"When you are diagnosed with cancer and sitting in that waiting room it really doesn't matter what job you have or where you live.
"Sitting there beside other people who have a cancer diagnosis, you realise that you share a common bond and great friendships are formed.
"We have a bell which people are invited to ring on their last day of treatment and the rest of the waiting room will clap for them when they ring it as everyone wants to be at the point when they can ring that bell."
Margaret faced unthinkable loss in her late 40s just two years before her breast cancer diagnosis. Her husband Stuart died suddenly from a heart attack and within two-and-a-half years she also lost her only brother and only sister, her mother, brother-in-law and niece, all from different illnesses. It meant that when she was diagnosed with cancer in 2004 at the age of 54, the people closest to her were gone.
As a devoted Christian and member of Mountpottinger Presbyterian Church, she found great support from the congregation when she needed it most.
"The group of people closest to me weren't there when I was diagnosed, except for my wonderful daughter who was studying for her degree at the time," she recalls. "But my church family became my family and rallied round and that was very special. I just found people were so kind and caring."
After supporting other cancer sufferers for over 20 years, Margaret had suddenly found herself on the other side, as a patient.
"It doesn't really matter who you are or what you know, when you are told you have cancer you lose a certain amount of control of your life. You go into that room knowing what you are doing that day and what your plans are for the rest of the year.
"When you walk out, you have a patient label and with that comes vulnerability in that you don't have control of your life anymore. From then on, it is controlled by tests and appointments.
"Even though oncology was my world, I sat on the other side of that world with a lack of control, facing the unknown."
Her own experience has made her passionate in her belief that the patient/carer voice is central in research.
The NICRCF is made of up 23 members who have all been impacted by cancer, including patients, carers and friends.
Margaret says: "We work with researchers. They are the experts in their field and we are the experts on living with cancer. Taking those two voices together to design research has given great strength to the research and keeps patients central to it. A lot of what we have done is focused on the quality of life for people living with and beyond a cancer diagnosis.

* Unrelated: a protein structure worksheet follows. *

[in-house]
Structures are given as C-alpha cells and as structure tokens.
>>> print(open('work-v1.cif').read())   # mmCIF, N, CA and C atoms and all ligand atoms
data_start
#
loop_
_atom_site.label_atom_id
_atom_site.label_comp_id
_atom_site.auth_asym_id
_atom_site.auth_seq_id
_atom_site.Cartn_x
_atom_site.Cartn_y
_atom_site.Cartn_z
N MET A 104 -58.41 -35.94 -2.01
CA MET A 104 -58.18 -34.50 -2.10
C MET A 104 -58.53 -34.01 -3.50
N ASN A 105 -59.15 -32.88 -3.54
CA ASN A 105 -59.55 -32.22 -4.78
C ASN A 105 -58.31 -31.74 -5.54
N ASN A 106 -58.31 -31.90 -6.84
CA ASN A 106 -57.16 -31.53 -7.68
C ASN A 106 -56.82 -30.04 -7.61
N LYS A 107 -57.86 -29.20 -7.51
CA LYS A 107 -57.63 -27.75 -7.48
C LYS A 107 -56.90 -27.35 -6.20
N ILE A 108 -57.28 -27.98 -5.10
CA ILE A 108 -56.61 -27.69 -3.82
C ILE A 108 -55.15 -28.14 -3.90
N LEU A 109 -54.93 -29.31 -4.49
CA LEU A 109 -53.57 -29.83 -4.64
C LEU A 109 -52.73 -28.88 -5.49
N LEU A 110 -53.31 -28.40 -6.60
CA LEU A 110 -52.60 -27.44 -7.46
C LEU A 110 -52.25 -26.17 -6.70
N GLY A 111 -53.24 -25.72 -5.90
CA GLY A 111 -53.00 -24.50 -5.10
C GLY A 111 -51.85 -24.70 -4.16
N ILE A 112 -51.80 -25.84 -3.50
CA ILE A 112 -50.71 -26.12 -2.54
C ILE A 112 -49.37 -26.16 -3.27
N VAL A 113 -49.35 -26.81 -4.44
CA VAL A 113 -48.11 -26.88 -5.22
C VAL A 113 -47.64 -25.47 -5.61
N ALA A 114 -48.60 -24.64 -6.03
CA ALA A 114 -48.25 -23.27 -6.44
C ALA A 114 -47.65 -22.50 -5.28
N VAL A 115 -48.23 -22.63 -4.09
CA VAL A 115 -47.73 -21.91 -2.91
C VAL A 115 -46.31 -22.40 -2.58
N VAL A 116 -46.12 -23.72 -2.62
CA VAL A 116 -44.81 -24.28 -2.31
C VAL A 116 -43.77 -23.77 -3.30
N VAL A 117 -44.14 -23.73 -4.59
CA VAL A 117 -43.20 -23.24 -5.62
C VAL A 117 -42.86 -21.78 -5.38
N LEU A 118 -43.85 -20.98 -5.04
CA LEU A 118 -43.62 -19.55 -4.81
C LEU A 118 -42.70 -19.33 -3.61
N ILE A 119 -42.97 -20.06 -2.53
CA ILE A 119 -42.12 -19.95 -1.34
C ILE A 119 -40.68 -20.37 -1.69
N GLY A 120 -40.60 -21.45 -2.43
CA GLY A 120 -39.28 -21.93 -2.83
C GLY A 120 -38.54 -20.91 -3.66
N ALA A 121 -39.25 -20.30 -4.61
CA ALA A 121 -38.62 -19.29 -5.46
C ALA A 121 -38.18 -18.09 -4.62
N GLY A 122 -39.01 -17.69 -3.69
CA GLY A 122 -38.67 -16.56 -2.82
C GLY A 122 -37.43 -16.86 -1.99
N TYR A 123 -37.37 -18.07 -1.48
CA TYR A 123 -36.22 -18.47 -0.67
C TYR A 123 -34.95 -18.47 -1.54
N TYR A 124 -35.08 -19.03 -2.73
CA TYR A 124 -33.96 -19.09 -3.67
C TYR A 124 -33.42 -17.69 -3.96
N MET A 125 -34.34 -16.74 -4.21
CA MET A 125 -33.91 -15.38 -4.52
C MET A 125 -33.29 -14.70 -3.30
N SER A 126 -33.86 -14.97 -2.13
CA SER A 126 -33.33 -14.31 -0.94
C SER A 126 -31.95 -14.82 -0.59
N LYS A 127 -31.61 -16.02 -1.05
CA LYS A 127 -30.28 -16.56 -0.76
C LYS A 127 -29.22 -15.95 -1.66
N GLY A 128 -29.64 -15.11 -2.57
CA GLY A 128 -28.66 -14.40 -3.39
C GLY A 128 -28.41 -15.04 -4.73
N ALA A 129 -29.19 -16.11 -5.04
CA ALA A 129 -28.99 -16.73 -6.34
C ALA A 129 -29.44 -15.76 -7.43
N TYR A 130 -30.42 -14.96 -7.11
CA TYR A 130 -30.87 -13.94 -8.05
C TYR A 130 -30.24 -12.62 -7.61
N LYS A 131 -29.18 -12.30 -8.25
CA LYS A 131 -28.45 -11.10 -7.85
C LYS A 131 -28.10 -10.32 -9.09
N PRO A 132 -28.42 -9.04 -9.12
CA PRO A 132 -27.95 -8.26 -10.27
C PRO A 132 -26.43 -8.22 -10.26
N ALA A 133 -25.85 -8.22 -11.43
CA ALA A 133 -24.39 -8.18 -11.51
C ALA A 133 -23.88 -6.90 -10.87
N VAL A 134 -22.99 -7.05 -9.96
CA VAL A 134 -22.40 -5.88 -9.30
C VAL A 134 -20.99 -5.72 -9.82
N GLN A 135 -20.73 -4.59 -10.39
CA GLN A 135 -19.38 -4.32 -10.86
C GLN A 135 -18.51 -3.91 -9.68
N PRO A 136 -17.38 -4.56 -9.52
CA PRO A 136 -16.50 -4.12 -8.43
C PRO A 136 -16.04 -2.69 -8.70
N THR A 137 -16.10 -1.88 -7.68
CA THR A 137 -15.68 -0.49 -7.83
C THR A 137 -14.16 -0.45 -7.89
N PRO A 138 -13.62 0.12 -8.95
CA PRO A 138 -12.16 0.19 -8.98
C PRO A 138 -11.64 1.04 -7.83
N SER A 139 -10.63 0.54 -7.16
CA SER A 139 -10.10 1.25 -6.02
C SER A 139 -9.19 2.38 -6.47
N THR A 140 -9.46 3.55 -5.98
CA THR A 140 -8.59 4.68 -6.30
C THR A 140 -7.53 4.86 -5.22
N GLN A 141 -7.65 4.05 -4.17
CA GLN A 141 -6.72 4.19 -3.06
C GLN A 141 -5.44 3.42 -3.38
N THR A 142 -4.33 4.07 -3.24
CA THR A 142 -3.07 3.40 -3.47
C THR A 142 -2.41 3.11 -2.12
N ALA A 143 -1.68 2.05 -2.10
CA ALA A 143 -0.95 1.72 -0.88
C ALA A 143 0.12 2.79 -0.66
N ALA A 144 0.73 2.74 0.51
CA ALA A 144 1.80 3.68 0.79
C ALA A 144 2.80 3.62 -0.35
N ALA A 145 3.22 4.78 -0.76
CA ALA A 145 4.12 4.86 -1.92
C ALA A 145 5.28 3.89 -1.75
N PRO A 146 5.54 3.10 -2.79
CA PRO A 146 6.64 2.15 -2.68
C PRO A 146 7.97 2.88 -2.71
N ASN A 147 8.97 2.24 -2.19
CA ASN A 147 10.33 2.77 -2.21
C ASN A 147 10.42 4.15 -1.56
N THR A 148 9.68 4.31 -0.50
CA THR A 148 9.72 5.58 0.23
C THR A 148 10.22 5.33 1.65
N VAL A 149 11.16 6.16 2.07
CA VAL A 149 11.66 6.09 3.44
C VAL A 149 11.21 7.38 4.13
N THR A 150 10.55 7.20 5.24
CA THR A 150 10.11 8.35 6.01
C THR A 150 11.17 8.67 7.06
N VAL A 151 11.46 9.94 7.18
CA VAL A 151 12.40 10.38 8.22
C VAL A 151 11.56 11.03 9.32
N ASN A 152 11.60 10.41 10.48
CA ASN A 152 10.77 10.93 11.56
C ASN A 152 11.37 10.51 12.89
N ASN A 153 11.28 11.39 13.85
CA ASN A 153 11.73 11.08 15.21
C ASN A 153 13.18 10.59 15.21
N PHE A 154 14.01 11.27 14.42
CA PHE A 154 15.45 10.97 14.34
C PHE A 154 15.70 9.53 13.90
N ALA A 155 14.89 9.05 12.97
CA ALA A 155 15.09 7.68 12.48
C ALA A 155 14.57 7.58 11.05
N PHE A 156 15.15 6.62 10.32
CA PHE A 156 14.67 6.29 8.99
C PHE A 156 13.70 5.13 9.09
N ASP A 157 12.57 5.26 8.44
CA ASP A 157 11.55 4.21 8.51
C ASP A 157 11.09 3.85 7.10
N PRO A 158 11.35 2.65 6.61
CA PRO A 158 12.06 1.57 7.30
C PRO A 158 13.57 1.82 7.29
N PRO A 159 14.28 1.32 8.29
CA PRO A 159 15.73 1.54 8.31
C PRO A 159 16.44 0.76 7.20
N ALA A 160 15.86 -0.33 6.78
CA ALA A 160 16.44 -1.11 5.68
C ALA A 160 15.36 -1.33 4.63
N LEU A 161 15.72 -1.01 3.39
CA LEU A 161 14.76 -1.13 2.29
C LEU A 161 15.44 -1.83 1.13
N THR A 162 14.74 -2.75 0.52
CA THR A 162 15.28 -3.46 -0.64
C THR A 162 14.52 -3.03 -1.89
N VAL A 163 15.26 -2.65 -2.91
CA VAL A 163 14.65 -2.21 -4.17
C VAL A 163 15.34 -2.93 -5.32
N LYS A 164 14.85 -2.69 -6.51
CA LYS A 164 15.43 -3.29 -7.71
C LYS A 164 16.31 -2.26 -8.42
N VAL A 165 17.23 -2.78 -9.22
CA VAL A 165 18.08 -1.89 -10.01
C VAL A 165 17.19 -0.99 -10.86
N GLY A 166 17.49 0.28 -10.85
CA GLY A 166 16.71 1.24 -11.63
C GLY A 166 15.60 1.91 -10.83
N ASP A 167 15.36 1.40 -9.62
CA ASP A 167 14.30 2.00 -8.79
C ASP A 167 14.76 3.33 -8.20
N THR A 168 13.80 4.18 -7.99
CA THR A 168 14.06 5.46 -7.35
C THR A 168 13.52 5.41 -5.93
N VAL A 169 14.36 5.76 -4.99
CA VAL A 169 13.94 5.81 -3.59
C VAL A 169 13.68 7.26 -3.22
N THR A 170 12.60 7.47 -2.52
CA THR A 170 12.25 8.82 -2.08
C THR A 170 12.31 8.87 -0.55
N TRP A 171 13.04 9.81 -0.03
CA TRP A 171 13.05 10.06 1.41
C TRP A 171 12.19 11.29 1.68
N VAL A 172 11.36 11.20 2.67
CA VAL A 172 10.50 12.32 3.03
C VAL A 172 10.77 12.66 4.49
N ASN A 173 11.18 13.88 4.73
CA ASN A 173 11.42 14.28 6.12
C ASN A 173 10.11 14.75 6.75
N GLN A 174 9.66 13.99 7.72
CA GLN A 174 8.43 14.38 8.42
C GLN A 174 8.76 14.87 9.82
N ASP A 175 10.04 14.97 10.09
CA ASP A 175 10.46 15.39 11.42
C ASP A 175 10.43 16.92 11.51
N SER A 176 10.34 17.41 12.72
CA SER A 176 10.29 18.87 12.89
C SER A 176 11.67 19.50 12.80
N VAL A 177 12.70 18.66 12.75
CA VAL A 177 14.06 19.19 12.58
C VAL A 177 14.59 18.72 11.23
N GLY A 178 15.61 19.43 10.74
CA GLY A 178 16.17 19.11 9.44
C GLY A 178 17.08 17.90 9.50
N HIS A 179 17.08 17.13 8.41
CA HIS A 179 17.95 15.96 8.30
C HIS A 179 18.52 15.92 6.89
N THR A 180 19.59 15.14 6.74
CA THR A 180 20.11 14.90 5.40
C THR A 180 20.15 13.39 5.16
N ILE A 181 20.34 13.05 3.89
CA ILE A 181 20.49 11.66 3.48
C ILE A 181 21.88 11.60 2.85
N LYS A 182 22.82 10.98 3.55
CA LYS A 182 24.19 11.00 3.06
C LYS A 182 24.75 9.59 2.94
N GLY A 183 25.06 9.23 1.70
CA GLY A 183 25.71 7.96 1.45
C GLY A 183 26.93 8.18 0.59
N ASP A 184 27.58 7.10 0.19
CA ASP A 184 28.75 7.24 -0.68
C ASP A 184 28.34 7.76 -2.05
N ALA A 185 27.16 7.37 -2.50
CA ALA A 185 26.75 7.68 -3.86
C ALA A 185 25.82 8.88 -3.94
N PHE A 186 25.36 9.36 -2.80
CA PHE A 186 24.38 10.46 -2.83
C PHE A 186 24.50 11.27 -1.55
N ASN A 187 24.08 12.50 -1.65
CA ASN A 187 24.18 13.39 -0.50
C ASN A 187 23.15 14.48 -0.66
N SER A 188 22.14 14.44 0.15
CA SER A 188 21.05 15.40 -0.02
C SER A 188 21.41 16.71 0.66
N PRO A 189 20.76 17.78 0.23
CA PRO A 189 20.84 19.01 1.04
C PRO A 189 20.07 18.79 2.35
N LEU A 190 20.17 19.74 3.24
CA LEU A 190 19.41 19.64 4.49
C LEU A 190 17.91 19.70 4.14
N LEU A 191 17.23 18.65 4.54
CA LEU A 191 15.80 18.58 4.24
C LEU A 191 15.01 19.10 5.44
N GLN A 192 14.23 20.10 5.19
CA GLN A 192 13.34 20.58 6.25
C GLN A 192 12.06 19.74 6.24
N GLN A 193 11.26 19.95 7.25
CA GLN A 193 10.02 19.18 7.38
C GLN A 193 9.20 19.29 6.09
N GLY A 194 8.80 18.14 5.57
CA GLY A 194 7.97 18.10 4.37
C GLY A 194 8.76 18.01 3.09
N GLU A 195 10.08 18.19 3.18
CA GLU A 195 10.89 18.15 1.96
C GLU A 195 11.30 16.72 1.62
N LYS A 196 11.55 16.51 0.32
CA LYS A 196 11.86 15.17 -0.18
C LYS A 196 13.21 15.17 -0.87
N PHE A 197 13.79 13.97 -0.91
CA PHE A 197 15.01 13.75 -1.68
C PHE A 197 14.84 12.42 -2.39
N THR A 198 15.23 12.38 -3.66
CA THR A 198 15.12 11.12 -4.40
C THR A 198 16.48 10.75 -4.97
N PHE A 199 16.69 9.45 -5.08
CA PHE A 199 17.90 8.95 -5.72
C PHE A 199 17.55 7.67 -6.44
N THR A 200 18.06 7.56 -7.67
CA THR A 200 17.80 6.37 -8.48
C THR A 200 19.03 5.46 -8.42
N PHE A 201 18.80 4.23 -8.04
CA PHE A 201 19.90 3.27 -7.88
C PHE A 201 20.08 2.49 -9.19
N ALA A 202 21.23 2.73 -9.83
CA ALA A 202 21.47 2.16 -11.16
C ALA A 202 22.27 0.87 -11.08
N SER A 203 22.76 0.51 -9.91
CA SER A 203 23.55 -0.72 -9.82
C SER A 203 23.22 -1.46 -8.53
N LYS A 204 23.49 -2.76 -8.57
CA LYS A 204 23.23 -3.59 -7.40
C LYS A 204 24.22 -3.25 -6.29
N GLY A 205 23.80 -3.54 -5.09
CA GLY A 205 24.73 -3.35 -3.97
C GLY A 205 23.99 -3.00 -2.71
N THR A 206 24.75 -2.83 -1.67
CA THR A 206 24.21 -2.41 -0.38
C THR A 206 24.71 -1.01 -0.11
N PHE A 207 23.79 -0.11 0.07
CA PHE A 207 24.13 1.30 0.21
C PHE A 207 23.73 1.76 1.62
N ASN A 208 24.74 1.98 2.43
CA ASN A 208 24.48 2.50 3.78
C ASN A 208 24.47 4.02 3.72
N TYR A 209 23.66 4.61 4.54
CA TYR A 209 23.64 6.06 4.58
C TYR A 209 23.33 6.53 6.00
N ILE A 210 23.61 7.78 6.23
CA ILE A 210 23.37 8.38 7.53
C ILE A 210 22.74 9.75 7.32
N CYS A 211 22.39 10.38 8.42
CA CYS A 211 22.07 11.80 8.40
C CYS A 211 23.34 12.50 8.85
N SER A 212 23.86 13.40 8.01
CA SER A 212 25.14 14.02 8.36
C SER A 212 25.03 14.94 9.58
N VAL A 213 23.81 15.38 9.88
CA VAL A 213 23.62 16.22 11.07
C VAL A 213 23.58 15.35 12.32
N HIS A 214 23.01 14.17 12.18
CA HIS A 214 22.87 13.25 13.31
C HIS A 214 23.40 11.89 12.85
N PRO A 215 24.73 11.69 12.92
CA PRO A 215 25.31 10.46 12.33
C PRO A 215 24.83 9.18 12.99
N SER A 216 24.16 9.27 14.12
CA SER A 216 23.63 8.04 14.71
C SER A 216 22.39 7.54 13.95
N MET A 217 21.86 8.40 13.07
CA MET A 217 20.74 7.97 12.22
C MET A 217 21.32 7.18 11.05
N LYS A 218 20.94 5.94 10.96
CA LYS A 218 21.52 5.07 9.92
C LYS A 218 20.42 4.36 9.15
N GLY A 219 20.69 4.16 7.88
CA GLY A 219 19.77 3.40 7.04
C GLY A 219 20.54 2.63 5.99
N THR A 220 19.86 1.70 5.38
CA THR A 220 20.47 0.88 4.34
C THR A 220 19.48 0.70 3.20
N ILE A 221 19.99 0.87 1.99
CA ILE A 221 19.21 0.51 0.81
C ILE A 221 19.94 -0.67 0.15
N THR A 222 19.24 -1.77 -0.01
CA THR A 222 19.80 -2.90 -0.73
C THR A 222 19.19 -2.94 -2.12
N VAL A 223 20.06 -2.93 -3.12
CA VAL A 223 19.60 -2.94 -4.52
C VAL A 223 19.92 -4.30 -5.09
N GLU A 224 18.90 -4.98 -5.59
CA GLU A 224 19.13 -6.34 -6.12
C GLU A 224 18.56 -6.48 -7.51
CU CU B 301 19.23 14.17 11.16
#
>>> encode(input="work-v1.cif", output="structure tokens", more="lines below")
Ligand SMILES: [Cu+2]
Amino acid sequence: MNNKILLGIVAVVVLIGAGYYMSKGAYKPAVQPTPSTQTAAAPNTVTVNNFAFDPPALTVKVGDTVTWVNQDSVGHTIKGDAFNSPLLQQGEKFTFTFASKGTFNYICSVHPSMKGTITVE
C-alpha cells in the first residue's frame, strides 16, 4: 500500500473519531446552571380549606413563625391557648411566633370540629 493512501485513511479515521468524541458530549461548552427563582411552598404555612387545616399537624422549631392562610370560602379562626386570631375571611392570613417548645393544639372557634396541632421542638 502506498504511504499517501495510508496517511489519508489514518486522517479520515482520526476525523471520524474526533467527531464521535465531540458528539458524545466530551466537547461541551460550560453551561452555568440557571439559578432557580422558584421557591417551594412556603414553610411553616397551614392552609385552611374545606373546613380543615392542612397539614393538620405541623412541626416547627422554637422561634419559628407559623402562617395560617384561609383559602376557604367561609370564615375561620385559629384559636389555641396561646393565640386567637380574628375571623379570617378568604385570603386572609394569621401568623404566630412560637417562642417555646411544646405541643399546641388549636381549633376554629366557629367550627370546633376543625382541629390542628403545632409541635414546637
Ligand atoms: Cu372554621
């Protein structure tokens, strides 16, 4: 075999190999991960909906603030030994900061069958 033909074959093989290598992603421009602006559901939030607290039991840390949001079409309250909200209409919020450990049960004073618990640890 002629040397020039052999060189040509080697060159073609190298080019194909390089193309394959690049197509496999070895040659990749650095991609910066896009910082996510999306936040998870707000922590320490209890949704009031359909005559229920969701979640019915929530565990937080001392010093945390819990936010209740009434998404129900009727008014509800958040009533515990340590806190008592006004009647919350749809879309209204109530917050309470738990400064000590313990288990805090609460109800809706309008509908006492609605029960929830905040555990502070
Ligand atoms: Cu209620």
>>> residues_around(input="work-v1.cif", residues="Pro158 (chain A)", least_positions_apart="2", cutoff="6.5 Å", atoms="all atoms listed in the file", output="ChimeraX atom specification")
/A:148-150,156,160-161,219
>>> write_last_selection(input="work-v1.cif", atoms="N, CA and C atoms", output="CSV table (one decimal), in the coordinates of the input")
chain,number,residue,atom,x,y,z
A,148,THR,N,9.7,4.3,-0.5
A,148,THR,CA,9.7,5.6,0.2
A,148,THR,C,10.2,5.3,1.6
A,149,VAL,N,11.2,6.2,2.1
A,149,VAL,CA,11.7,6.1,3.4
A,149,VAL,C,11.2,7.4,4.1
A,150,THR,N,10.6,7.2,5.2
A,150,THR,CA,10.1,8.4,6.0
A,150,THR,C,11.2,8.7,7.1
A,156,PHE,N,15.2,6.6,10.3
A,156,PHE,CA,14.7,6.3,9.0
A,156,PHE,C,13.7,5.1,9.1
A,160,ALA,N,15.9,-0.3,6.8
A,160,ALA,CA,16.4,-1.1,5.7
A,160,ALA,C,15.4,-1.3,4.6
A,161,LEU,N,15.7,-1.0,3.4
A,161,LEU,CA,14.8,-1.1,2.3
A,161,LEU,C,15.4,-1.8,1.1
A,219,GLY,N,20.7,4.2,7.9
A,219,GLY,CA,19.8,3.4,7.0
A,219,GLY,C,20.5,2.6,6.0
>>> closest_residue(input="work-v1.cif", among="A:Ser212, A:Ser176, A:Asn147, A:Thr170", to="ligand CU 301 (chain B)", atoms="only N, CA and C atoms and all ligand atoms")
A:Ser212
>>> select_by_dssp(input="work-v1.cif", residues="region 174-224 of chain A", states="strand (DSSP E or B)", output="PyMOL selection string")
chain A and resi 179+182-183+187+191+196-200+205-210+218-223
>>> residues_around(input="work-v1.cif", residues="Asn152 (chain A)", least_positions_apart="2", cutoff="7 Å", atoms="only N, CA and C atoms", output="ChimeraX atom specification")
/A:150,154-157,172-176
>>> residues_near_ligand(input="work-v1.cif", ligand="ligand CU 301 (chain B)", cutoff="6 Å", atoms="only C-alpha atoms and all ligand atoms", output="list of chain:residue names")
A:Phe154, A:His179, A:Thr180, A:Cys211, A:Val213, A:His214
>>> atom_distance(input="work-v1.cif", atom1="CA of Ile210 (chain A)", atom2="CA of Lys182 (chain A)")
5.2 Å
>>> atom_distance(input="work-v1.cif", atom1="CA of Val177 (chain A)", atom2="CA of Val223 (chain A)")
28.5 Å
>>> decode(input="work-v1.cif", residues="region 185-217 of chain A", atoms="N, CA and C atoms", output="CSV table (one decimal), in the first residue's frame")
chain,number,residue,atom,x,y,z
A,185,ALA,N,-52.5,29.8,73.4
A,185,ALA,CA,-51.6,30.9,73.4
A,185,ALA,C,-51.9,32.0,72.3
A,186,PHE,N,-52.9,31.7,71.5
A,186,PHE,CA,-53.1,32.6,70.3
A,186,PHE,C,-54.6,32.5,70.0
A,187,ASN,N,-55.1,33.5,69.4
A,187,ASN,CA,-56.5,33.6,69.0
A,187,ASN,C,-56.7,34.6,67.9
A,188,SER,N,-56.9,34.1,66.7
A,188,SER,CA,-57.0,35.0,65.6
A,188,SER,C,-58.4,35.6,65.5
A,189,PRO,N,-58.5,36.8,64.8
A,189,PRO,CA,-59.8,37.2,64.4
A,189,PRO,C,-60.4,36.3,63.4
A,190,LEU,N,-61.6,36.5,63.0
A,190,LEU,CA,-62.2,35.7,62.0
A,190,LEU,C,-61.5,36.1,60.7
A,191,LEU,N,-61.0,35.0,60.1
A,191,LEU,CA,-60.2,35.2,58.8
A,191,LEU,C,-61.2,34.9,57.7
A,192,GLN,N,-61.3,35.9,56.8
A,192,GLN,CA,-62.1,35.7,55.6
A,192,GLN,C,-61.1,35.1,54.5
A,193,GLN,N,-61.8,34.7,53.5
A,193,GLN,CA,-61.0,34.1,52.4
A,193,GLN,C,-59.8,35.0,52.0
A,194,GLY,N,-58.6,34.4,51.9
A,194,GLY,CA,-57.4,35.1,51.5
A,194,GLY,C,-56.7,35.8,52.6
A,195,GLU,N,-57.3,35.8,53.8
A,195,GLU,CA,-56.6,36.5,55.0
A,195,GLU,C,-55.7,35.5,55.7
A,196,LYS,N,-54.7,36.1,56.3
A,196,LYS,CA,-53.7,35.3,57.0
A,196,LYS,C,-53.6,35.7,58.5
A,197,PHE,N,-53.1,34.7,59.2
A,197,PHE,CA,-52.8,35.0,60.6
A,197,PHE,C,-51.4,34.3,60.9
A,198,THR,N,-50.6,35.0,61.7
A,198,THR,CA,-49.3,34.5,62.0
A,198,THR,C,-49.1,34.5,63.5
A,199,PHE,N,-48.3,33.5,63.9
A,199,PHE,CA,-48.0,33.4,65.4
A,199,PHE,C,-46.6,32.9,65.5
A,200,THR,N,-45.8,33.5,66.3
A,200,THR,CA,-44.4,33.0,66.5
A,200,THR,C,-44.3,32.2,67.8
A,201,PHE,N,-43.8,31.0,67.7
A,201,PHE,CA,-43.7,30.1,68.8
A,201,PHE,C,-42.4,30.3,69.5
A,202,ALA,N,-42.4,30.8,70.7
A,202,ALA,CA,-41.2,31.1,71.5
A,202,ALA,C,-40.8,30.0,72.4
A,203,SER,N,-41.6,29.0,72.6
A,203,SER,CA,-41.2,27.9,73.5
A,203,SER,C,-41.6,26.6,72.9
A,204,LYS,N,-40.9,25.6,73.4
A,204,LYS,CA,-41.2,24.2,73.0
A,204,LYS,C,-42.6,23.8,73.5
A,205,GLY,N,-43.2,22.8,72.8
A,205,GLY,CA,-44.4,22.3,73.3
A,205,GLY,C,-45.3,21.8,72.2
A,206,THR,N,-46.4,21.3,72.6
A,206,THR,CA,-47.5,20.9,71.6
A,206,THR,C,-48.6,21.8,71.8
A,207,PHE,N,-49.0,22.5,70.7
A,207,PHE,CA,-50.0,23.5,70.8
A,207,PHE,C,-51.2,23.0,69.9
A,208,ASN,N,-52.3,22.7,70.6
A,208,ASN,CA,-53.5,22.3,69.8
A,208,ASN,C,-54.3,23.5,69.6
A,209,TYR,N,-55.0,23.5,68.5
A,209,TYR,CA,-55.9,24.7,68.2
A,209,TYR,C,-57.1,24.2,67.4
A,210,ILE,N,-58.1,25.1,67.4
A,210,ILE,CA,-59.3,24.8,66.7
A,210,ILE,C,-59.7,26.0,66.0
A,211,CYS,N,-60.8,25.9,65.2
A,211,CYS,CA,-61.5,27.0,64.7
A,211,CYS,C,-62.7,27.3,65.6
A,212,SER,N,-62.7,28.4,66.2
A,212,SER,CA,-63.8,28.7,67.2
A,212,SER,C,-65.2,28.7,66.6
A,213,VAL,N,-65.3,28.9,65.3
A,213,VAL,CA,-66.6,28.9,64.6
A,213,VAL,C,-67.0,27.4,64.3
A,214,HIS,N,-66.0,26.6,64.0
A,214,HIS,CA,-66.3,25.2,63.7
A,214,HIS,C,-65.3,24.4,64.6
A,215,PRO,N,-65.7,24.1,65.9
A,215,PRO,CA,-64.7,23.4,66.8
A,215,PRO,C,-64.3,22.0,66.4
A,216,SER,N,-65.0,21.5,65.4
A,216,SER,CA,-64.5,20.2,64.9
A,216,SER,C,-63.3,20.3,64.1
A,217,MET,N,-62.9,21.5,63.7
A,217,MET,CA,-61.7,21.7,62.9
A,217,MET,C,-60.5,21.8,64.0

"Many people live with the long term side-effects of treatment and what we do is designed to help them move on after treatment."
Stuart McIntosh, consultant breast surgeon at Belfast City Hospital, acting clinical director of the NI Cancer Trials Network and clinical senior lecturer at Queen's University Belfast, summed up the role of the forum: "The forum members provide a valuable contribution to the development of research locally.
"Their input into study design, and the provision of a consumer perspective on study documentation, is extremely helpful for researchers, who may not always appreciate the issues of greatest relevance to consumers and patients.
"I have found that working in partnership with the forum has been very useful for me as a chief investigator, and provides a perspective which is not always apparent to researchers."
Margaret's devotion to research saw her pick up the Iris Colvin Lifetime Achievement Award for Health last April, presented by the Women's Forum NI, acknowledging her exemplary leadership and care for cancer patients.
She was also delighted and surprised to be made an MBE in the Queen's Birthday Honours last June, travelling to Buckingham Palace on February 5 to be presented it by Prince William.
She adds: "When I got the letter I couldn't believe it. I was really shocked. I am also very humbled and I see it as recognition, not just for me, but for everyone on the patient forum and for what has been done in cancer research. Prince William was so lovely, very tall and also very handsome.
"He talked about cancer research and as patron of the Royal Marsden he does have a specific interest in cancer research. Everybody told me to just go and enjoy it and I did. It was really a very special day."
The NI Cancer Research Consumer Forum is inviting anyone with an interest in hearing more about new advances in cancer treatment, and also how to get involved and influence cancer research, to join them at an information event today at Belfast City Hospital, from 4.30-6.30pm.
If you would like to attend this free event contact Amy, tel: 028 90 638468 or email firstname.lastname@example.org